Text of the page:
It’s a busy week of writing – I’m working on articles for the Lincoln Group of DC newsletter, for Tesla Magazine, and for the Smithsonian Civil War Studies website. Amidst all of this I’m out science traveling. More on that in the future. Which gets me to a quick visit in Ipswich.
Ipswich is the “Birthplace of American Independence,” the home of the famous Ipswich clam (aka, steamers), the Clam Box, Crane Beach, and “The Castle.” It’s also home to more first period houses than any other place in the United States. In short, it’s pretty cool.
Some of the more famous houses include the Whipple House:
The John Heard House (now home to the Ipswich Museum), typical of the wealthier folks in town:
Directly across the street from the Heard House is a reconstruction of a simple timber frame structure called the Alexander Knight House, circa 1657. This was the kind of house that most families lived in during early Ipswich days (incorporated 1634):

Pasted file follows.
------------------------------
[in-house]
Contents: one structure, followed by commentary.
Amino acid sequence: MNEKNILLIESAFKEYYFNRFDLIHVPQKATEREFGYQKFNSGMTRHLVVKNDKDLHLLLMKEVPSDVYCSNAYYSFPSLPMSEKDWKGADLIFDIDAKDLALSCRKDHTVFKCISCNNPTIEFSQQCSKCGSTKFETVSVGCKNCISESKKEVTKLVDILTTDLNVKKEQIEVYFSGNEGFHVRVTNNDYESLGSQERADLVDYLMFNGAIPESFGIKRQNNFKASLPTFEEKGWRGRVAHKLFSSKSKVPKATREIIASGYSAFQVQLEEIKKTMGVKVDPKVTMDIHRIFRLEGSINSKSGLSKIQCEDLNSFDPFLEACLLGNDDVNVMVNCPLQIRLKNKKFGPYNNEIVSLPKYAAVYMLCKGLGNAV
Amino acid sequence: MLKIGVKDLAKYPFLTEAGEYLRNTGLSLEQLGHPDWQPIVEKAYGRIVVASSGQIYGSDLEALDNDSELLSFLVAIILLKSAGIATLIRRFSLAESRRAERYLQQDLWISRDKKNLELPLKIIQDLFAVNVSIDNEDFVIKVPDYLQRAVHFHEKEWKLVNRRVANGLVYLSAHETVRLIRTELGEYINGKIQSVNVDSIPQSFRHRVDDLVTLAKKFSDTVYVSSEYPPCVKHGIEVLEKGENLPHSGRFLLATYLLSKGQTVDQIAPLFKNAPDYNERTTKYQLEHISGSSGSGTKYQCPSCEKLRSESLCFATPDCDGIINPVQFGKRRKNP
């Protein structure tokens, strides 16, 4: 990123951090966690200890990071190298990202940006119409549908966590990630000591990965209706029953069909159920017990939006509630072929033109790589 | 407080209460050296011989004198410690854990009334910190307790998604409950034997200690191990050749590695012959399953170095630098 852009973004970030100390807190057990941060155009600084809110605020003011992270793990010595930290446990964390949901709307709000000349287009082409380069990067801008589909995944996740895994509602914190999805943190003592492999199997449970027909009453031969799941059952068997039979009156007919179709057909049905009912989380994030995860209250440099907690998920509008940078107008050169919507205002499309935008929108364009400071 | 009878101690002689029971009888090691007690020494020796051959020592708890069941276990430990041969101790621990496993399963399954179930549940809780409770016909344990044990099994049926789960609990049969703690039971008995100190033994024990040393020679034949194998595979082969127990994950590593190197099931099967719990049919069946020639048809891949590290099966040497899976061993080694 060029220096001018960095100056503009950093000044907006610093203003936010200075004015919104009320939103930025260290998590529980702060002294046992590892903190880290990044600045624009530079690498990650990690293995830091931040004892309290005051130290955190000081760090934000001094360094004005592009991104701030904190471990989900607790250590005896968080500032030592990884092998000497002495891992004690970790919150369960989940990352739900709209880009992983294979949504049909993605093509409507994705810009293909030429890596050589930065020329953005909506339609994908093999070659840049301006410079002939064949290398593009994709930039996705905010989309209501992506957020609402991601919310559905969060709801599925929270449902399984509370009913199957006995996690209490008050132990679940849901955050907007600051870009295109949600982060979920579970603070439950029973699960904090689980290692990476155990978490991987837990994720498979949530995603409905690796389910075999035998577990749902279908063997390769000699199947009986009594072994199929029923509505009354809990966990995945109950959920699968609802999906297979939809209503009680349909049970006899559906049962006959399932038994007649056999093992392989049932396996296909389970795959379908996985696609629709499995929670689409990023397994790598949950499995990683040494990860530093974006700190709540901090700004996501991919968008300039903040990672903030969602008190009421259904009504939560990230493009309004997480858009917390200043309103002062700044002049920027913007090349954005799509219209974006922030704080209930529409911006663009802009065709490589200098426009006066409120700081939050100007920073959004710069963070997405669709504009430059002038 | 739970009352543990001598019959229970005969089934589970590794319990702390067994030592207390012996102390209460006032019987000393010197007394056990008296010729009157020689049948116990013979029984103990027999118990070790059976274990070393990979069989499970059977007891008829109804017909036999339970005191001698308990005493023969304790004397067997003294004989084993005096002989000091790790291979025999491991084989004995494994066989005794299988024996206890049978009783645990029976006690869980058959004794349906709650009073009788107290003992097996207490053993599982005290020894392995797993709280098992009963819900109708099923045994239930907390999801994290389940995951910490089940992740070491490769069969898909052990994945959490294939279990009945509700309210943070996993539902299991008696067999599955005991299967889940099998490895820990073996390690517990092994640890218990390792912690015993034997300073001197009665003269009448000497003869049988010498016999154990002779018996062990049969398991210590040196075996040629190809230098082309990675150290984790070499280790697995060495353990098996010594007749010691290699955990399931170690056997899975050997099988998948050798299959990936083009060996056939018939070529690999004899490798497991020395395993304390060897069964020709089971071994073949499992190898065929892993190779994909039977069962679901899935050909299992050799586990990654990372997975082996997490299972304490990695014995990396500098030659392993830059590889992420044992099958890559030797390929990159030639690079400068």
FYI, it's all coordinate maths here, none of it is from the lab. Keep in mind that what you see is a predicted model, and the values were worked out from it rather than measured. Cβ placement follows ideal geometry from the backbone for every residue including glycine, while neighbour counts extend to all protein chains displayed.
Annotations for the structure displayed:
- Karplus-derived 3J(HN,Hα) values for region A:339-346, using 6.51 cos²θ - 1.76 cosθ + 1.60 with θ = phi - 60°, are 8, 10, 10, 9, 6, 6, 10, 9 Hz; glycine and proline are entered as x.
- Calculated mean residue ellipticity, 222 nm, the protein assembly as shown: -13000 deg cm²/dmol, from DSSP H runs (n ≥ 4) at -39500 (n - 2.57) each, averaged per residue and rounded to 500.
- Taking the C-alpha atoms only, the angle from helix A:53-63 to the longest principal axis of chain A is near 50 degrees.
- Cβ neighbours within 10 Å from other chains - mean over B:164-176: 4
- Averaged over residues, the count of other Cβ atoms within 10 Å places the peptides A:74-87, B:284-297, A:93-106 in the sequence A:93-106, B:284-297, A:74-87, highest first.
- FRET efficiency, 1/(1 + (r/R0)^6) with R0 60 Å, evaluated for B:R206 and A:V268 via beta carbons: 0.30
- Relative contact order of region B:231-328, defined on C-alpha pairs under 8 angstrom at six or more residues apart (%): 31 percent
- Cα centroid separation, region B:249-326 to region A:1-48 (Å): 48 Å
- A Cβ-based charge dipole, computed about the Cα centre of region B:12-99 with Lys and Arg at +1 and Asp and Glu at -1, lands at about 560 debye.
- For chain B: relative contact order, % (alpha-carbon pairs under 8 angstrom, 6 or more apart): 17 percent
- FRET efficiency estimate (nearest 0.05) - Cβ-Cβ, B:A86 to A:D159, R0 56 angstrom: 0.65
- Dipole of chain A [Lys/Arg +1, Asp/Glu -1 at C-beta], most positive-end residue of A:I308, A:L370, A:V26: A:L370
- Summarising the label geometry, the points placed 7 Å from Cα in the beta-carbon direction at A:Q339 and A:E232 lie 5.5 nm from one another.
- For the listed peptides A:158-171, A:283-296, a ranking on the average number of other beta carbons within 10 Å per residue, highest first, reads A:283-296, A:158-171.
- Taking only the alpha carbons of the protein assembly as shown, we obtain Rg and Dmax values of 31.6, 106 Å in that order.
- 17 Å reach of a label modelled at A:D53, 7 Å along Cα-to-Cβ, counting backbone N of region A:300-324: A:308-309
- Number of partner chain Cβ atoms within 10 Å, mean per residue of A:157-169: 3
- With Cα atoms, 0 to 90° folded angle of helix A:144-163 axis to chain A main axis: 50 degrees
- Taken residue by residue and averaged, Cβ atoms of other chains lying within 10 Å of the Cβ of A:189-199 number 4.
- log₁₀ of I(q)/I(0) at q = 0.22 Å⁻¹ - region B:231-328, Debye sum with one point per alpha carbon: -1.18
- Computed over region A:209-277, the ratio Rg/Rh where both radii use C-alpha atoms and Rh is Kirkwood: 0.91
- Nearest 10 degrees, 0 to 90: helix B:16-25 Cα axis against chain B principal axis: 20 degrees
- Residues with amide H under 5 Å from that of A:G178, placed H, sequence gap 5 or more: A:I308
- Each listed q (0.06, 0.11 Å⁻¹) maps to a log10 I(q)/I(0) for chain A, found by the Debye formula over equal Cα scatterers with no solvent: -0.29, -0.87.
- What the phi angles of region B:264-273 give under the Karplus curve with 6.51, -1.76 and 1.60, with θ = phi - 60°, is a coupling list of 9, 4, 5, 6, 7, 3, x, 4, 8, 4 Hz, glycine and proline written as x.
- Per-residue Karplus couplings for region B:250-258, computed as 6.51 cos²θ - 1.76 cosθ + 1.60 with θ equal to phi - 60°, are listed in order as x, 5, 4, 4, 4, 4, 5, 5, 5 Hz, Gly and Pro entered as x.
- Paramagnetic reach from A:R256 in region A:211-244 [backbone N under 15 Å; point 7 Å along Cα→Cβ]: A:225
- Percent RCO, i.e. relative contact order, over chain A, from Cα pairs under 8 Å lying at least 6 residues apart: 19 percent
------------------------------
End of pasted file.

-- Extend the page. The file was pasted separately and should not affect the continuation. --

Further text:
And then there is this yellow house. I actually don’t know much about it even though it has stood on this prominent rise overlooking the main downtown area for my entire life. I’ll dig up more information for a later post.
There is much more to Ipswich than these glimpses. I’ll write more later but for starters you can check out the Stories from Ipswich blog by Historian Gordon Harris.
And don’t forget – if you downloaded my e-book, Nikola Tesla: Renewable Energy Ahead of Its Time, please leave a rating and review.
Come back on Thursday for more science traveling from Argentina. I’ll also post from the road as internet connection allows.
David J. Kent is an avid traveler and is currently working on a book about Abraham Lincoln’s interest in science and technology. He is also the author of Tesla: The Wizard of Electricity and an ebook, Nikola Tesla: Renewable Energy Ahead of Its Time.